Indonesia’s disaster politics

Source(s)
Foreign Policy

By Alejandro Quiroz Flores

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This fall, however, [Indonesia's early warning] system did not live up to its promise. It — and the organization responsible for its maintenance — are now under scrutiny because key components failed and because the actual tsunami warning was apparently inadequate and short. In an established democracy such as the United States, such a show of governmental unreliability would typically lead to a wave of resignations, or at least depositions. In Indonesia’s young democracy, by contrast, political breakdown could follow.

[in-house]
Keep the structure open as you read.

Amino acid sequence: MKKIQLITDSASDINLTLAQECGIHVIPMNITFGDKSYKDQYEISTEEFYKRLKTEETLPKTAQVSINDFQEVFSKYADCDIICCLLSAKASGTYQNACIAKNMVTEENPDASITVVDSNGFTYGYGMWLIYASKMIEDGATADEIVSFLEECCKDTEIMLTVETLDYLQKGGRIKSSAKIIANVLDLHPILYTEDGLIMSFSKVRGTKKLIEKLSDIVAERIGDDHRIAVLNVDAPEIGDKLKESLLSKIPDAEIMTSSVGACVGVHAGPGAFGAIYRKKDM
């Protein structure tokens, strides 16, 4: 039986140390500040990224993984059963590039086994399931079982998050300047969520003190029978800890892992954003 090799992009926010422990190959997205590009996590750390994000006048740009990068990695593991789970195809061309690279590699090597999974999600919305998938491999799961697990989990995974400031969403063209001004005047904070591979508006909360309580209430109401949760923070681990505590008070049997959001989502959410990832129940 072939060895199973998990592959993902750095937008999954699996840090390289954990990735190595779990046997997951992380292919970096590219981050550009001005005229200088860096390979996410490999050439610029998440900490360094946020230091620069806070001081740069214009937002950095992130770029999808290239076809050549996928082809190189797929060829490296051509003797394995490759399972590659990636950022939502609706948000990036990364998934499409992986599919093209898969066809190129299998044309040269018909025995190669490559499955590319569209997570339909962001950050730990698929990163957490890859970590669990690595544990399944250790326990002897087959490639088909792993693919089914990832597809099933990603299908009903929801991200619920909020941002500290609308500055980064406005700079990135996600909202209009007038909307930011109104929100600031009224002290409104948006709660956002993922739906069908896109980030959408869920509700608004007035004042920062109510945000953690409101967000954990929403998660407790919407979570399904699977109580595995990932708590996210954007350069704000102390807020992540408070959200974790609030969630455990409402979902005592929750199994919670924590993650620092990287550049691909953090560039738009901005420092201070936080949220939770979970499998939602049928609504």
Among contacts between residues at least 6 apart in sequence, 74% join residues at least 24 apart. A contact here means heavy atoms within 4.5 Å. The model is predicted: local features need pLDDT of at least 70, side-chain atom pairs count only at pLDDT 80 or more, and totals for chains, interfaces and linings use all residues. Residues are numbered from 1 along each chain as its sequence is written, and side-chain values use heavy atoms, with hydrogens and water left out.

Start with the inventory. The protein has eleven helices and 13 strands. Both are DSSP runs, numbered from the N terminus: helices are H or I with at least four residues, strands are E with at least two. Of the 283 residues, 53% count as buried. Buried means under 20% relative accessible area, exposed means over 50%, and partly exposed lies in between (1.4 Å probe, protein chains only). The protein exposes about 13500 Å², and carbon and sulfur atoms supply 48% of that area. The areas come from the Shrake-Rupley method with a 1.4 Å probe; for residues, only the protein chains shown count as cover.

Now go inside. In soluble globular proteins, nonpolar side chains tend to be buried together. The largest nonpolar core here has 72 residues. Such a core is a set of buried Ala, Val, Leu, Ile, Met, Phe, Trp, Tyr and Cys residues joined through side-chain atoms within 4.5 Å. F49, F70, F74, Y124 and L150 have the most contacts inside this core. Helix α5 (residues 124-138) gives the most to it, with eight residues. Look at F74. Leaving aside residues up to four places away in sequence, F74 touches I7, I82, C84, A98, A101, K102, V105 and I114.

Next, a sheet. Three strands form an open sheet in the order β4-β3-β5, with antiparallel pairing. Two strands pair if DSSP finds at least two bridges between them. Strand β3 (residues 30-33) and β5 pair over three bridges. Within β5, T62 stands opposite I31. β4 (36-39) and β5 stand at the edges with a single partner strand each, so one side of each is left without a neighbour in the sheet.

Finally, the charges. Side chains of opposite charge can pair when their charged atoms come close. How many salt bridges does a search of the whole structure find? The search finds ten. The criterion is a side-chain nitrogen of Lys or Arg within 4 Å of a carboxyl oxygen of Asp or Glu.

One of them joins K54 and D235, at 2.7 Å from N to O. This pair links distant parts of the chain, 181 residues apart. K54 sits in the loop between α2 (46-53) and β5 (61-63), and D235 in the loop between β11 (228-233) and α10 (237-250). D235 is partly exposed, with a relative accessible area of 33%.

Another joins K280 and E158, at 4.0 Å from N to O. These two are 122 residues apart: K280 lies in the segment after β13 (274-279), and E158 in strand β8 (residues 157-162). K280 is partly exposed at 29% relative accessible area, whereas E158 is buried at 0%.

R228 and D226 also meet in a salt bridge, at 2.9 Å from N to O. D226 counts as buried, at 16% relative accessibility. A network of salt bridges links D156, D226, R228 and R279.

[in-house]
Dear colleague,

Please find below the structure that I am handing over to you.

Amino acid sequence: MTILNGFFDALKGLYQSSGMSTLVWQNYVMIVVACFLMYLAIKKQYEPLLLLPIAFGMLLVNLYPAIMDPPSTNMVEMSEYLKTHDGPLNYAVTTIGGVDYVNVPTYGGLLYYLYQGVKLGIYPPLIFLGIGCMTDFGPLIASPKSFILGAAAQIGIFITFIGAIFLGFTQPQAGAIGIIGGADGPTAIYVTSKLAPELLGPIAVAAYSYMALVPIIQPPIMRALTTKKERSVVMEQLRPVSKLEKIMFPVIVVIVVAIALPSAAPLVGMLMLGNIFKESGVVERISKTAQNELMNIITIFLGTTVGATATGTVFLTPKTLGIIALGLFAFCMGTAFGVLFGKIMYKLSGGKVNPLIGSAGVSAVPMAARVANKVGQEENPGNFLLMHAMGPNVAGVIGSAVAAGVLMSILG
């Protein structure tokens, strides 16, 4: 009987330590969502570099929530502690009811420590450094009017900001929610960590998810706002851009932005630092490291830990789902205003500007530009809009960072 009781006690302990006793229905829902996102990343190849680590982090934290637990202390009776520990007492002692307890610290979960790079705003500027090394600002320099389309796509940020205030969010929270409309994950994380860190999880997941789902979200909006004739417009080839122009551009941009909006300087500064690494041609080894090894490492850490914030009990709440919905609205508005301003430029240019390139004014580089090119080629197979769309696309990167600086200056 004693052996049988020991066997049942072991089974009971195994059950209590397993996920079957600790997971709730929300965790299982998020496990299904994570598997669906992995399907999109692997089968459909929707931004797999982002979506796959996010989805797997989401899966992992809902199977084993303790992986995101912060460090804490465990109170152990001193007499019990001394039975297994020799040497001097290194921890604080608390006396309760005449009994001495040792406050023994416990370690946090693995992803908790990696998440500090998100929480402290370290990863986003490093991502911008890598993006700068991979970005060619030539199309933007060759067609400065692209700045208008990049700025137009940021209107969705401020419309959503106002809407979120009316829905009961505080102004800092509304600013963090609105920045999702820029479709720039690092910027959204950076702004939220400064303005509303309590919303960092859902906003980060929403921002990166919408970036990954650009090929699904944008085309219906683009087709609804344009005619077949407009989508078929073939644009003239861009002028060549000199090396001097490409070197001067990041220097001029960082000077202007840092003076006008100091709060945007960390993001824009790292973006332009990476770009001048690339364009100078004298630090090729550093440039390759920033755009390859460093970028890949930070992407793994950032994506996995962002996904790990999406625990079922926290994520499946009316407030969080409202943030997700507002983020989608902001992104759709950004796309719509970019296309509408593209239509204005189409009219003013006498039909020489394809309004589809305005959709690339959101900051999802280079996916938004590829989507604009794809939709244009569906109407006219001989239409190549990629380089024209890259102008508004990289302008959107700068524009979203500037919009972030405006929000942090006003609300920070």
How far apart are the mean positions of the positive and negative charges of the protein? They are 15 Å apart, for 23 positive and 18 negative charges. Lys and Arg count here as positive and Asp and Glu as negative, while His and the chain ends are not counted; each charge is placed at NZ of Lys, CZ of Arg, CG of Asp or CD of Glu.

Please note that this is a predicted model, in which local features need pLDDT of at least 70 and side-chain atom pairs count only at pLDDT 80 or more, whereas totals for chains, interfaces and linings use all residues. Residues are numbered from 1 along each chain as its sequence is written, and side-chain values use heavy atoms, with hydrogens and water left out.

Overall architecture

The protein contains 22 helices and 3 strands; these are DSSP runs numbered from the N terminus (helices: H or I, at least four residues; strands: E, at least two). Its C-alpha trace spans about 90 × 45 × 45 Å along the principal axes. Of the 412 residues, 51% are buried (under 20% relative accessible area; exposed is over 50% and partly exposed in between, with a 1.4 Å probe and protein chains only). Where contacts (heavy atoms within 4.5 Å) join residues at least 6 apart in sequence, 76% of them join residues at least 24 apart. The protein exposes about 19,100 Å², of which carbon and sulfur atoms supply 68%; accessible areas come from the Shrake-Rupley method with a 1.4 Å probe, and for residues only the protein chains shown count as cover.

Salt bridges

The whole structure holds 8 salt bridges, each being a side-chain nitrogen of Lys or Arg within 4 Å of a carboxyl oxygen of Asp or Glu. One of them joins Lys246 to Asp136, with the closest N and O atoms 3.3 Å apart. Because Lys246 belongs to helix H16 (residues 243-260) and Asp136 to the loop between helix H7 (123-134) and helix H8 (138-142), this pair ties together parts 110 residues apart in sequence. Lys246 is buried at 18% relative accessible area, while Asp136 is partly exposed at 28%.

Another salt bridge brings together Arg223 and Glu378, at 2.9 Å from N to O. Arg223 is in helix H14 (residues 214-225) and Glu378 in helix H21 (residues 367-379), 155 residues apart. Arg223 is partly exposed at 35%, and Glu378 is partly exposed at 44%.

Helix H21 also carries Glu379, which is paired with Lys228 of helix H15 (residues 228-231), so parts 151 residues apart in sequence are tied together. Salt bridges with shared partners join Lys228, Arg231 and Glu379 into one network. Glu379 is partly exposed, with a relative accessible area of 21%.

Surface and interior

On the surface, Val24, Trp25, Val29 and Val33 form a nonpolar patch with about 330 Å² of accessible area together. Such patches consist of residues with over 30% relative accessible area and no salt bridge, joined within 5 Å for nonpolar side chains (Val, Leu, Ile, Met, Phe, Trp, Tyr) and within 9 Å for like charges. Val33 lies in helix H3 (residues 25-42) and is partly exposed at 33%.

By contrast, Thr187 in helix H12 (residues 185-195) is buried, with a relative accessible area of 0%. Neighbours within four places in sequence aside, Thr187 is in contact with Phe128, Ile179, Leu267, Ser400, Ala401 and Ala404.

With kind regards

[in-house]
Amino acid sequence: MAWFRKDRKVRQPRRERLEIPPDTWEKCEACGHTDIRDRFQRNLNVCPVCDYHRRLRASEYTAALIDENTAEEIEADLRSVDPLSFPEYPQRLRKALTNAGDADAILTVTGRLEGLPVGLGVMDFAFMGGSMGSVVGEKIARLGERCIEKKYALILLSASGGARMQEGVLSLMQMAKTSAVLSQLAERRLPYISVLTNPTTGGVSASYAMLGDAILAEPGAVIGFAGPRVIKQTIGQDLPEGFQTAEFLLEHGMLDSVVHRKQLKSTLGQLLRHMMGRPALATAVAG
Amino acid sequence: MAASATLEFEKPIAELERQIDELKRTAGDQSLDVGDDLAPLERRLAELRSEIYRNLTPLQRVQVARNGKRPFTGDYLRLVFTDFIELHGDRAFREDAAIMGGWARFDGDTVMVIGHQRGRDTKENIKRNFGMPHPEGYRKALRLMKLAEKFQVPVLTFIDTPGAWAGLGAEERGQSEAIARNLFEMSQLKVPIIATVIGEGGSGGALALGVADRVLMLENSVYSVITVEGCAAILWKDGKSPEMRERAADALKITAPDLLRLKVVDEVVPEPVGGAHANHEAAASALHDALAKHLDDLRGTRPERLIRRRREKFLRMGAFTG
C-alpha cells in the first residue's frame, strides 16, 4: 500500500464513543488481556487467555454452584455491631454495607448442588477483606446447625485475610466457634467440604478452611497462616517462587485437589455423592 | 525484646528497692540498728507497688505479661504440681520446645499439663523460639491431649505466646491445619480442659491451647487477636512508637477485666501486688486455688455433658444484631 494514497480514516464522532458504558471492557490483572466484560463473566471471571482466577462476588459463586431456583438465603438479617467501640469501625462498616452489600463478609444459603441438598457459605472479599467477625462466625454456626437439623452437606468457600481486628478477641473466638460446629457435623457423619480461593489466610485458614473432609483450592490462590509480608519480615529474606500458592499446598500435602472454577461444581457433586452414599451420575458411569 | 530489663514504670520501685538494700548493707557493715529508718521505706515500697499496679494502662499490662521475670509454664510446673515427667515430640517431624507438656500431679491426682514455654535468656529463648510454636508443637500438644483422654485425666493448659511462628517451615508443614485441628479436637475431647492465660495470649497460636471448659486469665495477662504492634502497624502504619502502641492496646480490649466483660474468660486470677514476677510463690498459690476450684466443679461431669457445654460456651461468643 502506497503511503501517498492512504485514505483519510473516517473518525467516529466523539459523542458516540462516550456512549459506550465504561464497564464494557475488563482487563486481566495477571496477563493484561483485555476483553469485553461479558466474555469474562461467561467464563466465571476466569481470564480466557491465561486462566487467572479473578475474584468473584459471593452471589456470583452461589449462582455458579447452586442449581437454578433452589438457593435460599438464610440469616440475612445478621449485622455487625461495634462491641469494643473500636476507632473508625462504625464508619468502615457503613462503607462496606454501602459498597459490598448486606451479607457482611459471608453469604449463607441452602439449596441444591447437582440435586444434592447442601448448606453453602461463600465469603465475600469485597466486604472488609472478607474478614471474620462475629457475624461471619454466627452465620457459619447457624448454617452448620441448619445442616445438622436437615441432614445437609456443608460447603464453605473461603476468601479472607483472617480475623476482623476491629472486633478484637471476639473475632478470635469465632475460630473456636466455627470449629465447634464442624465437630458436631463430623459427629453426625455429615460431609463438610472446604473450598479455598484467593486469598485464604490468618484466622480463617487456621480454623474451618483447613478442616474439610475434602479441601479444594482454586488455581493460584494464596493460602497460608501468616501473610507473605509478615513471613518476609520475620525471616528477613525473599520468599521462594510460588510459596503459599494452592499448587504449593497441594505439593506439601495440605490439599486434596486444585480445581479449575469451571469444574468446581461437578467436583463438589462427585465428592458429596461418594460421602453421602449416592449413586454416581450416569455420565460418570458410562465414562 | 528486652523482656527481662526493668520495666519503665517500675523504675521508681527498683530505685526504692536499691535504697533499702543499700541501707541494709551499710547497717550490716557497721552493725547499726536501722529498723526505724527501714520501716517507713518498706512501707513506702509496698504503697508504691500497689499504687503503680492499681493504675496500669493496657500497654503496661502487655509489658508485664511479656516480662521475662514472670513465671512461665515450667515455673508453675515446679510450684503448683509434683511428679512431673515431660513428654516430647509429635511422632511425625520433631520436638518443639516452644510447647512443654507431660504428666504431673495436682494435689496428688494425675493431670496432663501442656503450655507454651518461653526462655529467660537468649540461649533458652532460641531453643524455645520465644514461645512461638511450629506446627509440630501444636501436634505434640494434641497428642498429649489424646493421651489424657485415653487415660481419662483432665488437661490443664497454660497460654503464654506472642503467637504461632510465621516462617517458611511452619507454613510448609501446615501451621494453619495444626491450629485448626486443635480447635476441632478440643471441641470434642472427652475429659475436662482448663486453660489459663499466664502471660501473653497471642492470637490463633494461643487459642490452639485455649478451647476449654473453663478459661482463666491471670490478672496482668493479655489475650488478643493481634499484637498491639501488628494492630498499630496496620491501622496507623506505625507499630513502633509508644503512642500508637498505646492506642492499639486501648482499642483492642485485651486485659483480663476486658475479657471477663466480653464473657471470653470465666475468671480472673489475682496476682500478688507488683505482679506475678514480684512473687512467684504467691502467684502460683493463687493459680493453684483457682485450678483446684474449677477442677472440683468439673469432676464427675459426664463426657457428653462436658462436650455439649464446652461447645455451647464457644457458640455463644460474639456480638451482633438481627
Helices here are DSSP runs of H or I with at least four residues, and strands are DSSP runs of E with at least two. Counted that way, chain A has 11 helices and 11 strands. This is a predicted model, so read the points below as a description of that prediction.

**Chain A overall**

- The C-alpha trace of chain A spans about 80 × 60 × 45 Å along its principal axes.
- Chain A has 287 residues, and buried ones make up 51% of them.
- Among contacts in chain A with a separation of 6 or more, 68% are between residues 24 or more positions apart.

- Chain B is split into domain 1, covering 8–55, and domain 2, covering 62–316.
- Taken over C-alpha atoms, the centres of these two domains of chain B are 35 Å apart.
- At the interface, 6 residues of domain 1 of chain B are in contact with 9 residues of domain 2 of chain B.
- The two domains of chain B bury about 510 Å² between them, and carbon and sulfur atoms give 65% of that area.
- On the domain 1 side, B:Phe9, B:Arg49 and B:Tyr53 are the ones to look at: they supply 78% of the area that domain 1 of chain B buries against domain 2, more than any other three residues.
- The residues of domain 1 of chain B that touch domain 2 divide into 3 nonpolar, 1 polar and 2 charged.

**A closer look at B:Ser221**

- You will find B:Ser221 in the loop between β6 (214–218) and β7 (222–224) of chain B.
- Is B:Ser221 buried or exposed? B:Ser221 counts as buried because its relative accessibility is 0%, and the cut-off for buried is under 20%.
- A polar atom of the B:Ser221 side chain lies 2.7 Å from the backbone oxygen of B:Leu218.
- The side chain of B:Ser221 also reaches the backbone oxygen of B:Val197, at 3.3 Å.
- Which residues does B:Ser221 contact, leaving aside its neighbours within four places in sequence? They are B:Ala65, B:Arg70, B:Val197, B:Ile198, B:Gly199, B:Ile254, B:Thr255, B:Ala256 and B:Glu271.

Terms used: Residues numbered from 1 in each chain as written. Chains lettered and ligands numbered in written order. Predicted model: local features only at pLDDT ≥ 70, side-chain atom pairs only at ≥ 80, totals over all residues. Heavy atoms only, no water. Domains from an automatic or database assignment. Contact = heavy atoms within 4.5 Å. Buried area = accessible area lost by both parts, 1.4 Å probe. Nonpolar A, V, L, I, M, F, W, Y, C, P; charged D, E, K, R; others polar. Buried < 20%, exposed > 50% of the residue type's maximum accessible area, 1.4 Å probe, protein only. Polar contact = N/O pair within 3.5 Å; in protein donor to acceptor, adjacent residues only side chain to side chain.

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In a more robust democracy, a natural disaster does not usually undermine democratic institutions, even if it harms the career prospects of underperforming elected officials. However, when a destructive disaster is combined with incompetence in a transitional country like Indonesia, that could be a setback.  In Haiti after the 2010 earthquake, the inadequate provision of disaster relief led to looting and the near-total discrediting of democratic institutions. In the wake of the latest earthquake in Indonesia, the government has invited the military to step in to deliver aid, which is worrying given the armed forces’ historical role in undermining elected officials. Throw in endemic poverty, inequality, and corruption, and this month’s earthquake and tsunami could put pressure on an already strained democratization process.

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